One month after National Rifle Assn. Executive Vice President Wayne LaPierre blamed violent entertainment in the wake of the Dec. 14 school shootings in Newtown, Conn., the NRA has released a mobile shooting game that puts players behind virtual handguns and rifles.
Meanwhile, an anti-NRA video game puts LaPierre in its sights.
“NRA: Practice Range,” a free app released Monday for iPhone and iPad, aims to provide “safety, training & education” — with such resources as 2nd Amendment newsfeeds and gun law information centers — but its “target practice” game is stirring up controversy. The 3-D first-person shooting game touts “realistic simulations” that allow gamers “to enjoy the most authentic experience possible.”
The game, officially licensed by the NRA and created by tech startup MEDL Mobile, features nine different firearms, including a Beretta, M16, Mossberg 500 and AK-47, some of which are only available for an additional 99 cents each. Gun safety tips (like “Always keep the gun unloaded until ready to use”) appear while the game loads, and players can choose from an indoor range, outdoor range and skeet shoot — all non-living targets.
“Practice Range” is unlikely to become the next smash hit first-person shooter, however — some have complained that the app suffers from slow load times and frequent freezing and features only three free weapons.
“To call it a ‘game’ would be an insult to the term, as it’s really a barely coherent series of horribly controlled minigames that must have been thrown together over the course of the last week with a few loading screen tips thrown in for the ‘gun safety’ selling point,” wrote Paul Tassi in Forbes’ video game blog Insert Coin. “The game itself is borderline unplayable, having the worst controls of any FPS I’ve ever played on iOS. In gyroscopic aiming mode, the game always seems to get stuck 10 feet right of where you’re supposed to shoot, and analog mode somehow manages to produce even less accuracy.”
Jason Schreier, a writer for the online video game publication Kotaku, called the app “quite frankly, totally awful.”
Commenters on the app’s iTunes page are divided.
“Disgusting app,” wrote one commenter, Joyjit Guha. “Absolute trash.”
Others were more positive.
“This is fun and informative plus there is no need for eye and ear protection,” wrote a commenter named Joe. “A must have for any gun enthusiast and defender of the U.S. constitution.”
Initially classified in iTunes as being for users ages 4 and up, the app is now listed for ages 12 and up. It’s not the first NRA shooting video game, but the timing of its release — one month to the day after the Sandy Hook Elementary School tragedy — has drawn heat from critics crying hypocrisy after LaPierre singled out “a callous, corrupt and corrupting shadow industry that sells, and sows, violence against its own people, through vicious, violent video games” in his response to the shootings.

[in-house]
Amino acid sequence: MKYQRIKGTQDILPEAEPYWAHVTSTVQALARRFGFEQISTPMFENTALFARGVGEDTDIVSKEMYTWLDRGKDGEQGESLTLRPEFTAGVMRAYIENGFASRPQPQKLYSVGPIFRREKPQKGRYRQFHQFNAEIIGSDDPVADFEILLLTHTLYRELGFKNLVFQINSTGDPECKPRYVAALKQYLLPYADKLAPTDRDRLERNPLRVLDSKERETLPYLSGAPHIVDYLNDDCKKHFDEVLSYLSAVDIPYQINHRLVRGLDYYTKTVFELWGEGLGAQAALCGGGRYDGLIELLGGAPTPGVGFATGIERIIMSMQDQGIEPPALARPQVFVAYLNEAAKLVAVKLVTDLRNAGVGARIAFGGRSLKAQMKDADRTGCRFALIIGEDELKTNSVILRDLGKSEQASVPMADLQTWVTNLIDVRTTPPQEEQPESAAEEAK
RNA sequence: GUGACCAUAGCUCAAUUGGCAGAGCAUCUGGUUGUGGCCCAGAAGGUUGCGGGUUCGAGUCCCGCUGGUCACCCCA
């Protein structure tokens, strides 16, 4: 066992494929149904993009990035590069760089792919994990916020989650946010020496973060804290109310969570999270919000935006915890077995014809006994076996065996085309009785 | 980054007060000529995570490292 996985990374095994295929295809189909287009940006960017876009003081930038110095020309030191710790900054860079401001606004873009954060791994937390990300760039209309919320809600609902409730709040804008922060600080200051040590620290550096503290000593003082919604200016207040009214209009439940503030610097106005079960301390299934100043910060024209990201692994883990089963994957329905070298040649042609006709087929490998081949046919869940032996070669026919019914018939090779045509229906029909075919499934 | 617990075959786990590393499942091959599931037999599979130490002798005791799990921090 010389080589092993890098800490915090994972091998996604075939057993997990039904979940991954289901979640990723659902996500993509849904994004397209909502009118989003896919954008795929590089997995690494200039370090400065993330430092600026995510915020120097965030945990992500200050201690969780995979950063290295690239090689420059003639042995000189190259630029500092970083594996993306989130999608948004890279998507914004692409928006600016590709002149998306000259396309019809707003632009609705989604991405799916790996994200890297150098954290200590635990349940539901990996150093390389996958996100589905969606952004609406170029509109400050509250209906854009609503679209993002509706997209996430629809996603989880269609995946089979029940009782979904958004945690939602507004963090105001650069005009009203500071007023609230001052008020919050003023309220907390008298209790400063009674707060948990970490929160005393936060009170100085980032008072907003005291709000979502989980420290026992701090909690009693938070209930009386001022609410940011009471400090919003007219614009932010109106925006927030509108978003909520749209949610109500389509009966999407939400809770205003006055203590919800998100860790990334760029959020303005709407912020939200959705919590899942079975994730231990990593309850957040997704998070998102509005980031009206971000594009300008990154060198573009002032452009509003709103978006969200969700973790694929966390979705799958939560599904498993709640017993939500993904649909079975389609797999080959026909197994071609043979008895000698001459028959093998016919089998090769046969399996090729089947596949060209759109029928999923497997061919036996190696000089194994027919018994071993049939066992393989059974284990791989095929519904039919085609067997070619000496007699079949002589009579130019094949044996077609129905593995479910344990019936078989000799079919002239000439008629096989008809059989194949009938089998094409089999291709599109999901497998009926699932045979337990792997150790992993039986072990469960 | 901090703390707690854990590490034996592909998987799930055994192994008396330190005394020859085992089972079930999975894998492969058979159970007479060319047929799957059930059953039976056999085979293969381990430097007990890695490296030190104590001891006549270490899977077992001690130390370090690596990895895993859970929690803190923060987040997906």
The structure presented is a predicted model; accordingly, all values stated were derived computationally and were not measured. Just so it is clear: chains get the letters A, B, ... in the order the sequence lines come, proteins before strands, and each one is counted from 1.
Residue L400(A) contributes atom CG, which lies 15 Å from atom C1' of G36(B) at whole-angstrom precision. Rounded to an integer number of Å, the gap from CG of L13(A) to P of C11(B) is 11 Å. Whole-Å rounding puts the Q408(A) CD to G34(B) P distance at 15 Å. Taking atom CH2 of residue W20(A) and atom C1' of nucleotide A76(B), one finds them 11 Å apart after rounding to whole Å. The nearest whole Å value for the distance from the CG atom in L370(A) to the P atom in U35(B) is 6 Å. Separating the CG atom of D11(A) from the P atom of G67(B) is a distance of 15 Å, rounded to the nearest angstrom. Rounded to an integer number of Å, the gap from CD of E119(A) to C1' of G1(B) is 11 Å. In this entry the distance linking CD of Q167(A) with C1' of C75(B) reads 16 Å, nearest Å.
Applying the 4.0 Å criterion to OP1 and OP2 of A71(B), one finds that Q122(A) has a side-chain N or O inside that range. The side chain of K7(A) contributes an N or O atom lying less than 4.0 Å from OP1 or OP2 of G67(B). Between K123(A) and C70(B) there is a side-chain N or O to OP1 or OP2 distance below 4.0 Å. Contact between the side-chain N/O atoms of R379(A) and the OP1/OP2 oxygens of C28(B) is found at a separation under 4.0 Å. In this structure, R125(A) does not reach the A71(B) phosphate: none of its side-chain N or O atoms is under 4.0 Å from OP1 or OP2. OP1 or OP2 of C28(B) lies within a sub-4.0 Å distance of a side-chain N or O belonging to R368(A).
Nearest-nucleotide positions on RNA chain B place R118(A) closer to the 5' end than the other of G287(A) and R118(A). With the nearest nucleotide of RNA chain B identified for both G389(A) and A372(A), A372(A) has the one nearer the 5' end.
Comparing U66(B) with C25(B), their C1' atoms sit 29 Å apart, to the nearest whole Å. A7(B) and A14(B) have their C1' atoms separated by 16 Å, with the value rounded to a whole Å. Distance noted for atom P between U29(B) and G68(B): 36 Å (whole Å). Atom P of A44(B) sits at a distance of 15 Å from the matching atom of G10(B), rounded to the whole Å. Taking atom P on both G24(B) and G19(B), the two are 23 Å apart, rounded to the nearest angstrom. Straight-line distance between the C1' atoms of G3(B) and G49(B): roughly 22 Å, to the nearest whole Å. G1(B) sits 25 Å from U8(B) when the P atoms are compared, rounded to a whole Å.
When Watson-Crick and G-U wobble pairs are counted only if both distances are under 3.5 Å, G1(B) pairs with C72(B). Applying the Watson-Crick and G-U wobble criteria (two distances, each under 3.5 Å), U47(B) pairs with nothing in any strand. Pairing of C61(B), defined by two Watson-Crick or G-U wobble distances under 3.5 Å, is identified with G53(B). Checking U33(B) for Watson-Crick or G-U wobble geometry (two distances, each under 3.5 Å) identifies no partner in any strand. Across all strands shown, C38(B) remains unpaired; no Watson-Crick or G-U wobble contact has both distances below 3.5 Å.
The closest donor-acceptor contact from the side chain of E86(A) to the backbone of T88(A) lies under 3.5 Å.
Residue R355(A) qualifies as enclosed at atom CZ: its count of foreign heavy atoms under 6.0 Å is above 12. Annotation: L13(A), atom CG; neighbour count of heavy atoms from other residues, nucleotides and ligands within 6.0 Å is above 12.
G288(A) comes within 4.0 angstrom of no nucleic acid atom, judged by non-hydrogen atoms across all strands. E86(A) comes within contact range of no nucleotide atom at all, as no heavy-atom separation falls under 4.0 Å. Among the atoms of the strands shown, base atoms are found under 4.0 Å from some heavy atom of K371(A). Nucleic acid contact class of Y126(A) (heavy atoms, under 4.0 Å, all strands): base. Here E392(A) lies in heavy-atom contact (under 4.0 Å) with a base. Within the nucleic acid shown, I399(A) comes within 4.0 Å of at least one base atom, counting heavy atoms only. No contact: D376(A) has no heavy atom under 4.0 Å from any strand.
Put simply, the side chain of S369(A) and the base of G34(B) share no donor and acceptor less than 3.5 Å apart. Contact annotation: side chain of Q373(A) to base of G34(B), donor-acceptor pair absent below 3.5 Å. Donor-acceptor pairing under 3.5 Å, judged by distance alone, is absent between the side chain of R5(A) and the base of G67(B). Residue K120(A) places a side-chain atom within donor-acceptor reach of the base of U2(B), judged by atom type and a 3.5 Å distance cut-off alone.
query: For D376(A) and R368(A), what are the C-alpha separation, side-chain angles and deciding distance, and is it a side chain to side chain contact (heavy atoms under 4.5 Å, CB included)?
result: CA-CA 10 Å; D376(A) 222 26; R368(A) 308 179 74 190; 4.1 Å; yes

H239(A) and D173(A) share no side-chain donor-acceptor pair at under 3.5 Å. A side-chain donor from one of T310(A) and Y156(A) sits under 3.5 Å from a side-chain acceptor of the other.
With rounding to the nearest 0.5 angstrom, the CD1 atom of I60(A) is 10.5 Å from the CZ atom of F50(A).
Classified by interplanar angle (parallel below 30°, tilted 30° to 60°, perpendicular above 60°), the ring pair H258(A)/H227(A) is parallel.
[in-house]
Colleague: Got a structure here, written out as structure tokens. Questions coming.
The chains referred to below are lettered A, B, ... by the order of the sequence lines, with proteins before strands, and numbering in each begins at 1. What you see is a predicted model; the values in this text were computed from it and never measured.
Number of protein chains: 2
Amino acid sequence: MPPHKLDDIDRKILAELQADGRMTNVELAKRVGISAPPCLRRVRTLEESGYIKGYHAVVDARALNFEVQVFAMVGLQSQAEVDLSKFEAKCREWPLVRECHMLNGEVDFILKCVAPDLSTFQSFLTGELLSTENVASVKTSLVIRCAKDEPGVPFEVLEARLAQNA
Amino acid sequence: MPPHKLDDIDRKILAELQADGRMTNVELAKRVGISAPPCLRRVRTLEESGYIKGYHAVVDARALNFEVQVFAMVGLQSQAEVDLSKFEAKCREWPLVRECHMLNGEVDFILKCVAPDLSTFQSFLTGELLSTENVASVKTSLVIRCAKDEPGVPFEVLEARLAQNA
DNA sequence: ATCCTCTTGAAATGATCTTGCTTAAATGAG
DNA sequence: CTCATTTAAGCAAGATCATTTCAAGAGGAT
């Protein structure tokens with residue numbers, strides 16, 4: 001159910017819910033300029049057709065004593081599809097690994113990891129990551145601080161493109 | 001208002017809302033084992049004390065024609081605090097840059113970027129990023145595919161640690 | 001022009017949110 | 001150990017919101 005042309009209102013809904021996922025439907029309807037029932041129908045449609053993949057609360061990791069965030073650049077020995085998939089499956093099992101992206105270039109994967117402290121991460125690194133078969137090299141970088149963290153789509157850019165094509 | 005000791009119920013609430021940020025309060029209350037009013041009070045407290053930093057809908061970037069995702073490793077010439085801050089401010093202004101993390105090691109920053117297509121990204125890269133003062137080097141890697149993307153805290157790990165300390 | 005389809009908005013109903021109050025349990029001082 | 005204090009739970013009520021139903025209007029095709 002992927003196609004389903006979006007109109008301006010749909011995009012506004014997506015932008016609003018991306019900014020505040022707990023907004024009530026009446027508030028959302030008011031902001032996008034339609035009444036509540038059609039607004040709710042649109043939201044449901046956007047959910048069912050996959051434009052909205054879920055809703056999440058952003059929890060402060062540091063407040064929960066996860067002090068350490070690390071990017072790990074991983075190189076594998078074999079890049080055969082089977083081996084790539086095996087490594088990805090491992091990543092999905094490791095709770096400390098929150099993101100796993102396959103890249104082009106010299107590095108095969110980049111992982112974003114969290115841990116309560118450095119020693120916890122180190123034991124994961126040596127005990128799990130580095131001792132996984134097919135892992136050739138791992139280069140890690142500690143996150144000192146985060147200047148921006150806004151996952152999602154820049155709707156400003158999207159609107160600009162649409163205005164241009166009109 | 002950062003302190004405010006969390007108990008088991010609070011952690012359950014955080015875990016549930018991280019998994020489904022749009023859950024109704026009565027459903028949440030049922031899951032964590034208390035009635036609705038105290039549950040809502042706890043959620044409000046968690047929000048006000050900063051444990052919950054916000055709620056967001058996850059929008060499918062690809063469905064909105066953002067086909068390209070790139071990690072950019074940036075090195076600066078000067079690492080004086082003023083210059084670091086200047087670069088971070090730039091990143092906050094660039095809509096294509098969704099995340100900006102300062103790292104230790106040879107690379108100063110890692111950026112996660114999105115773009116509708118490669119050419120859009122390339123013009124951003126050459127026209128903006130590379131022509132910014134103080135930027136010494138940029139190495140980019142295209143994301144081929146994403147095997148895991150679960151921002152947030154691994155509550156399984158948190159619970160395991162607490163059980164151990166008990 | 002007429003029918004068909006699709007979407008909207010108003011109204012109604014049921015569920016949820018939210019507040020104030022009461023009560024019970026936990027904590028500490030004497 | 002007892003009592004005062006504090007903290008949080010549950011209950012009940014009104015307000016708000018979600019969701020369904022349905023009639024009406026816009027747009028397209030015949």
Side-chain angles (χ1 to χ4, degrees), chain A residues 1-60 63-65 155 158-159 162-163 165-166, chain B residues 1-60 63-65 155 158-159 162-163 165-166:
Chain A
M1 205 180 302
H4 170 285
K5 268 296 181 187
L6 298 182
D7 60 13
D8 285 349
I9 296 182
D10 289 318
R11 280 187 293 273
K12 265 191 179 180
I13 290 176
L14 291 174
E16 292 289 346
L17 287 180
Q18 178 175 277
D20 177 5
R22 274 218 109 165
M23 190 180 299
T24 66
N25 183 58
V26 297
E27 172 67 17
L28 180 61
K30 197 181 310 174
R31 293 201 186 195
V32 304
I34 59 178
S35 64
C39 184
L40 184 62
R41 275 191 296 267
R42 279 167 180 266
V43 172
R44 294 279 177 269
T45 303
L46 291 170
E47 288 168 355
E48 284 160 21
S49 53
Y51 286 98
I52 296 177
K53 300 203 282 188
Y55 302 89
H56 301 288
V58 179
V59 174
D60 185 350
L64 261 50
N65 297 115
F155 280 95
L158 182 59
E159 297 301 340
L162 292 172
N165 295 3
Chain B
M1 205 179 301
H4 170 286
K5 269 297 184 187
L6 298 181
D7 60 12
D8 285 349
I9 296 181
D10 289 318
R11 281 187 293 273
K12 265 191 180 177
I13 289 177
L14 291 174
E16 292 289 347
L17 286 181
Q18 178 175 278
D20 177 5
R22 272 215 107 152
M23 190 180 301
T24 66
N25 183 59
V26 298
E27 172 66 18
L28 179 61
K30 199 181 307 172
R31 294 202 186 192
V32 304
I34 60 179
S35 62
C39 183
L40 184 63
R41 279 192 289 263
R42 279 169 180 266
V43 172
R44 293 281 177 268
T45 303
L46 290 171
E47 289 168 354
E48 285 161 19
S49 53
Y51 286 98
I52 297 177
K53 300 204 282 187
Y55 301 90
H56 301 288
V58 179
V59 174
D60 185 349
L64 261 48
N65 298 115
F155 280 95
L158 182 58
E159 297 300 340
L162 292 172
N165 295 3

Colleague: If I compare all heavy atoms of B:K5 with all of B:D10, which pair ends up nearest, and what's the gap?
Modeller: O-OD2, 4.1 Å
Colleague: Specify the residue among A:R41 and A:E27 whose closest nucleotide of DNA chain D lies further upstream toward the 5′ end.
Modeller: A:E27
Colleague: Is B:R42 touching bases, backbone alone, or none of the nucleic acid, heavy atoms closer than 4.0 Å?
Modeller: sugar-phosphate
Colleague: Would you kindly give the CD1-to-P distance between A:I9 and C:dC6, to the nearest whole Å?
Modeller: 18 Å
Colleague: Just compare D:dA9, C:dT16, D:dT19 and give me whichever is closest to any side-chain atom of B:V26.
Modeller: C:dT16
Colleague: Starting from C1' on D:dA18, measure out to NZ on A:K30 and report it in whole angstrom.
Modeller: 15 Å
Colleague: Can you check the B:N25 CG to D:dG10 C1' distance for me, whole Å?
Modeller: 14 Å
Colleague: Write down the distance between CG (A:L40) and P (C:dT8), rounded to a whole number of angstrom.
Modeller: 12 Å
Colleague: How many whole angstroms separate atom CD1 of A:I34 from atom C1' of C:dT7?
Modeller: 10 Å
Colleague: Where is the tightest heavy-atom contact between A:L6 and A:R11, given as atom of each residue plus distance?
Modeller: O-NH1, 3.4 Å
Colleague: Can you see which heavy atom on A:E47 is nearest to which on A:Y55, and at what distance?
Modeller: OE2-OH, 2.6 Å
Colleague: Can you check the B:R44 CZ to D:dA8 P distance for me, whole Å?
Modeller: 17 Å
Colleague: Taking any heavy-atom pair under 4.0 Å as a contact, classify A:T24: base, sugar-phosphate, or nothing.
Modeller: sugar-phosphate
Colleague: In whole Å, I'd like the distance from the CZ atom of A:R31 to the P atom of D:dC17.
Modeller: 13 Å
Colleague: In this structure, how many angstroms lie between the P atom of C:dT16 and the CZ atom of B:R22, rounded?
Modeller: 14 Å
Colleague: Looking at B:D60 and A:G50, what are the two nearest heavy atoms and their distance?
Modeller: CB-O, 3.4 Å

LaPierre himself is the target of a new anti-NRA video game called “Bullet to the Head of the NRA.” The online game depicts LaPierre giving a speech at a podium, cross hairs over his head, then allows users to shoot him.
The bloody game was posted Monday on Encyclopedia Dramatica (warning: link contains profanity), a wiki for online memes, as a downloadable .zip file under the headline “Sandy Hook Shooting Spree FPS” by a user named gizmo01942.
“Share this everywhere, especially gun-nut and anti-game websites,” the poster wrote. “Also see if you can’t send it in to the NRA somehow, like through the feedback on their website or something.”
“Bullet” appears to be part of a larger plan for video game re-creation of the Sandy Hook shooting.
“I’m doing this as my own way to deal with the events, and releasing only because it will entertain you guys, and any controversy it generates will serve as a nifty sociological experiment,” gizmo01942 wrote, asking for readers to help supply “any information you can find on the layout of the school, what it looked like inside and out, how big their classes typically were … and other info that can help re-create the building and those inside it.”
The game is already under fire from video game blogs, conservative websites and at least one lawmaker. Rep. Jim Sensenbrenner (R-Wis.) today urged President Barack Obama to denounce the game.
“Making threats against public figures who speak out either for or against gun control prevents us from having a reasonable, thoughtful debate,” the congressman wrote in his open letter. “Although we may have strong disagreements on the best ways to reduce gun violence, it is my hope that we can both agree that video games targeting specific individuals who speak out on this issue, is counterproductive.”
— Noelene Clark
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